Mortgages and Refinancing can be complicated to understand and very intimidating. The good news is that there are guidelines that lenders must follow, but if you’re fortunate enough, you will have a great experience with an excellent lender. Buying a home shouldn’t intimidate you, it should excite you, because you worked for it and you deserve it! Not only is purchasing a home a great accomplishment, but a wonderful investment. Earn equity on a property instead of renting and helping someone else pay off their loan. Let’s dig into the 21 most common mortgage questions that you may have!
How much of a down payment do I need to buy a home?
It’s a myth that you need at least 20% down to purchase a home, you actually only need at least 3.5%. If your FICO (Credit Score) is below 580, that minimum could rise as high as 10%.
How great does my credit score (a.k.a. FICO Score) have to be?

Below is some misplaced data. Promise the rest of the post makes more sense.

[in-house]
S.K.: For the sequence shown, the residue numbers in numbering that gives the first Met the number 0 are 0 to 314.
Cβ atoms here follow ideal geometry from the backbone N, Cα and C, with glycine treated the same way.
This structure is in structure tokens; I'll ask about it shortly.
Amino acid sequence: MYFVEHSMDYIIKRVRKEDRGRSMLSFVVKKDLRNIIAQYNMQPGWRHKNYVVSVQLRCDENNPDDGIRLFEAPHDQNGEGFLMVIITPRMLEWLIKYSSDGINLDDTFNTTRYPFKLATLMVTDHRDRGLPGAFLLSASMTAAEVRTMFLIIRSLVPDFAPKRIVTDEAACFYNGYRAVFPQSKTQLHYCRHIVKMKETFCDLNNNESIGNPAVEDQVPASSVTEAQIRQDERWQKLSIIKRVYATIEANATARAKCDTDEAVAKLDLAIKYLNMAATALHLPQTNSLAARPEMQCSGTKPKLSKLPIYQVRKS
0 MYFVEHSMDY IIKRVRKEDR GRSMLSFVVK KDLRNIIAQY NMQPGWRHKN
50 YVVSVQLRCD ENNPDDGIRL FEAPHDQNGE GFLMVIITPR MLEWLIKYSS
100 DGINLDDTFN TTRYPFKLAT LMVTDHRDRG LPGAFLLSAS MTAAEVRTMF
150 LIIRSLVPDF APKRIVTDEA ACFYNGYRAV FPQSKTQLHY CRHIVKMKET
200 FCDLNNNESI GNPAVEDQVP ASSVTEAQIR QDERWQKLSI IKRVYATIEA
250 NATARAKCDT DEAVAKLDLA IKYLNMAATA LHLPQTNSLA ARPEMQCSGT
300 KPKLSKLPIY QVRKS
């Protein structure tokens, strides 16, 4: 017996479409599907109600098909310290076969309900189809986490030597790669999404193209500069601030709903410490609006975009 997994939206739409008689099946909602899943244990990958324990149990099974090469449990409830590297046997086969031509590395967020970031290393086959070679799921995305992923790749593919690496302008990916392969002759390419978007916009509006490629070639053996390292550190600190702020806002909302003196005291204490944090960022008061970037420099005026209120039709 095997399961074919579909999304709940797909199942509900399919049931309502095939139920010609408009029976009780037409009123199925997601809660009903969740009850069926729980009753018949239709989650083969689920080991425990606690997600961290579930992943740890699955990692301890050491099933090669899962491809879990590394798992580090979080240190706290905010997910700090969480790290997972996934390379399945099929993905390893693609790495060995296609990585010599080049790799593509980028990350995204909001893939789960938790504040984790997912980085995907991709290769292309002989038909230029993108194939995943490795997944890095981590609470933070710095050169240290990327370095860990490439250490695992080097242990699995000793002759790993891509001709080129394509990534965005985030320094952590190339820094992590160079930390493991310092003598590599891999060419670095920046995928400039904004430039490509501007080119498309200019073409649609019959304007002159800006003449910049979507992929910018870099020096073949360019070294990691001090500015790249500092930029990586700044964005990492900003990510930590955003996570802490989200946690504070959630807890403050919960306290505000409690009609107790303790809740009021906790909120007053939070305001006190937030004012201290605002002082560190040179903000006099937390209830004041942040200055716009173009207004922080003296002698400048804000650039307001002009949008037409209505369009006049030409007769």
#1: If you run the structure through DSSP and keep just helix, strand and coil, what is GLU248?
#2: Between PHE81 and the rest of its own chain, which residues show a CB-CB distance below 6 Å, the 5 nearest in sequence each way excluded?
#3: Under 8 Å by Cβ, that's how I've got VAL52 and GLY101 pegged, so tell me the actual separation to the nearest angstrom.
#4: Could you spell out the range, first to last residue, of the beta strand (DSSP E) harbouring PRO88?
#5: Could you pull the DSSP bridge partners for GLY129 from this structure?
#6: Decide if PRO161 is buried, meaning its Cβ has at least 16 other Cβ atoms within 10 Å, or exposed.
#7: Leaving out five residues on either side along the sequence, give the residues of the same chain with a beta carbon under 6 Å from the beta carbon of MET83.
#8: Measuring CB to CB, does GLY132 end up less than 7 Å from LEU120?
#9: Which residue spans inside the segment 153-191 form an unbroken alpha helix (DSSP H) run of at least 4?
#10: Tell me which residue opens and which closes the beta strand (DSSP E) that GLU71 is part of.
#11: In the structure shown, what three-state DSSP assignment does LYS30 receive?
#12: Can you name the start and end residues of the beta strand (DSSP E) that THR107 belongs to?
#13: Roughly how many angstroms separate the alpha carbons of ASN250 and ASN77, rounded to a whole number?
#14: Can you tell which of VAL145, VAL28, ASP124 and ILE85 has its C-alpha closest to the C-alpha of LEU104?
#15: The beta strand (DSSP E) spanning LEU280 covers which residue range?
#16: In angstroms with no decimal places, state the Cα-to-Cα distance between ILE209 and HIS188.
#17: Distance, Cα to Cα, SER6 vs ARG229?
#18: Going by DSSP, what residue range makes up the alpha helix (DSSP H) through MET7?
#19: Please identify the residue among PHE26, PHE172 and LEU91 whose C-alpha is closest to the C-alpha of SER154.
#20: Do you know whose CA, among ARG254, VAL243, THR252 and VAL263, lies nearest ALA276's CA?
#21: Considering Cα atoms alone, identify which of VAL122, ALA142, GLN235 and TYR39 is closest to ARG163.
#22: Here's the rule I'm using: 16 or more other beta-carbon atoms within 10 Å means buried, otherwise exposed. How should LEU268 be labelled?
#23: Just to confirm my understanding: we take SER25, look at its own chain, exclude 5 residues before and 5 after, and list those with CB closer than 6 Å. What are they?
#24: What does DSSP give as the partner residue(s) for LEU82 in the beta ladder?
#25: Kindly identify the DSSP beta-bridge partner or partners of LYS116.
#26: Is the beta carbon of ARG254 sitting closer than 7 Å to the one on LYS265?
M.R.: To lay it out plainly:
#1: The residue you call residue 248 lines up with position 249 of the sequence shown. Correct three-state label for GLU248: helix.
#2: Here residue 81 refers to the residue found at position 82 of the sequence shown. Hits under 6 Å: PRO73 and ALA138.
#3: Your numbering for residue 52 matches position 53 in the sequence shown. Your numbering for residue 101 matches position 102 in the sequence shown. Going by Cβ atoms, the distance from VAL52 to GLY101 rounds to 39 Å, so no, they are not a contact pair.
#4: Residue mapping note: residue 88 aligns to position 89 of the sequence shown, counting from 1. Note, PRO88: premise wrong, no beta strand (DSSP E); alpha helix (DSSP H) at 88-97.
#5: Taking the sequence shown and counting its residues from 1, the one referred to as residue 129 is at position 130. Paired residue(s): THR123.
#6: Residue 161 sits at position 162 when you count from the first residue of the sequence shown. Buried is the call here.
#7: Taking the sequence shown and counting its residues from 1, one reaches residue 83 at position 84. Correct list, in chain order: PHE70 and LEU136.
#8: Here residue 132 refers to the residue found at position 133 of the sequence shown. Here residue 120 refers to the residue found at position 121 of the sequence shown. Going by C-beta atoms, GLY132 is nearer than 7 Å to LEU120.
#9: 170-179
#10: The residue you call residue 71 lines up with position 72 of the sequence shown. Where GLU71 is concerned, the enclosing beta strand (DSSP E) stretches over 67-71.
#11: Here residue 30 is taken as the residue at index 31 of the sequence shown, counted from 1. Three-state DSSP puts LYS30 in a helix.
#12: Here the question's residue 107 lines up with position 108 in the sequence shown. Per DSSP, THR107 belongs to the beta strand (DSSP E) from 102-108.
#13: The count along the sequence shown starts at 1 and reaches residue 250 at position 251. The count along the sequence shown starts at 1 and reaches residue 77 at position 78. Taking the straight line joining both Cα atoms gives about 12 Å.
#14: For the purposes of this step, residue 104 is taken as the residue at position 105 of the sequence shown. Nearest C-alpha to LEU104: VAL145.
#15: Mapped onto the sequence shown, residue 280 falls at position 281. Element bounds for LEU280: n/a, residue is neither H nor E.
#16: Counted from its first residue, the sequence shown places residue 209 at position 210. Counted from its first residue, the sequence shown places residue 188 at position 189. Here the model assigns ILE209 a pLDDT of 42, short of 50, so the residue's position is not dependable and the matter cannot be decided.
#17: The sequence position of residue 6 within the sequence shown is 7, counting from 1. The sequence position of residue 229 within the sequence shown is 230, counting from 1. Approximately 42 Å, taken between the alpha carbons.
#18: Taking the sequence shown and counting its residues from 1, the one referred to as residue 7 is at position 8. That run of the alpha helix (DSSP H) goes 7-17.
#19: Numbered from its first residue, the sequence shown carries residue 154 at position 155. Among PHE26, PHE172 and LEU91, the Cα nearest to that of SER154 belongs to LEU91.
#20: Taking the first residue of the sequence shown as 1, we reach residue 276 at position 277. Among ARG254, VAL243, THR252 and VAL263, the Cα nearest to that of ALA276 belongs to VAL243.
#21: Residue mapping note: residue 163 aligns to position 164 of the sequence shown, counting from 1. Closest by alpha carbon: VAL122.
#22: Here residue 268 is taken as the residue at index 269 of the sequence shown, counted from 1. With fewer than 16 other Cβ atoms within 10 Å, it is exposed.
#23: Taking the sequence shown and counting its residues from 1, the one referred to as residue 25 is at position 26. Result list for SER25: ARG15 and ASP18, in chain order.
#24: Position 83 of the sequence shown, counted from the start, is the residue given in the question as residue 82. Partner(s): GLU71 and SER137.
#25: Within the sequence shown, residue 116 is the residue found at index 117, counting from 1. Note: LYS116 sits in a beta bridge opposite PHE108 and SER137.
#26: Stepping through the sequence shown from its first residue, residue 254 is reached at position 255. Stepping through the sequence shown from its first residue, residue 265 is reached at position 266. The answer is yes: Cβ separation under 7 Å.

Your FICO Score can be as low as 500 and of course can be higher. Try to aim to increase your credit score to at least be 620 or higher before purchasing a home, assuming you are not in a rush to purchase a home, because this will help you out in the long term. Sometimes it’s best to work on your Credit Score until you reach a better FICO. Your Credit Score is what determines if you qualify for a loan to begin with, but it also has an impact on your mortgage terms.
What documentation does a mortgage broker or financial institution request in order to get you pre-approved for a mortgage, also known as a home loan?
Be prepared to show all of the following:
- Income verification (Last two years of tax returns, W-2s, 1099s, and your last few pay stubs)
- Driver’s license and Social Security card (or alternative ID)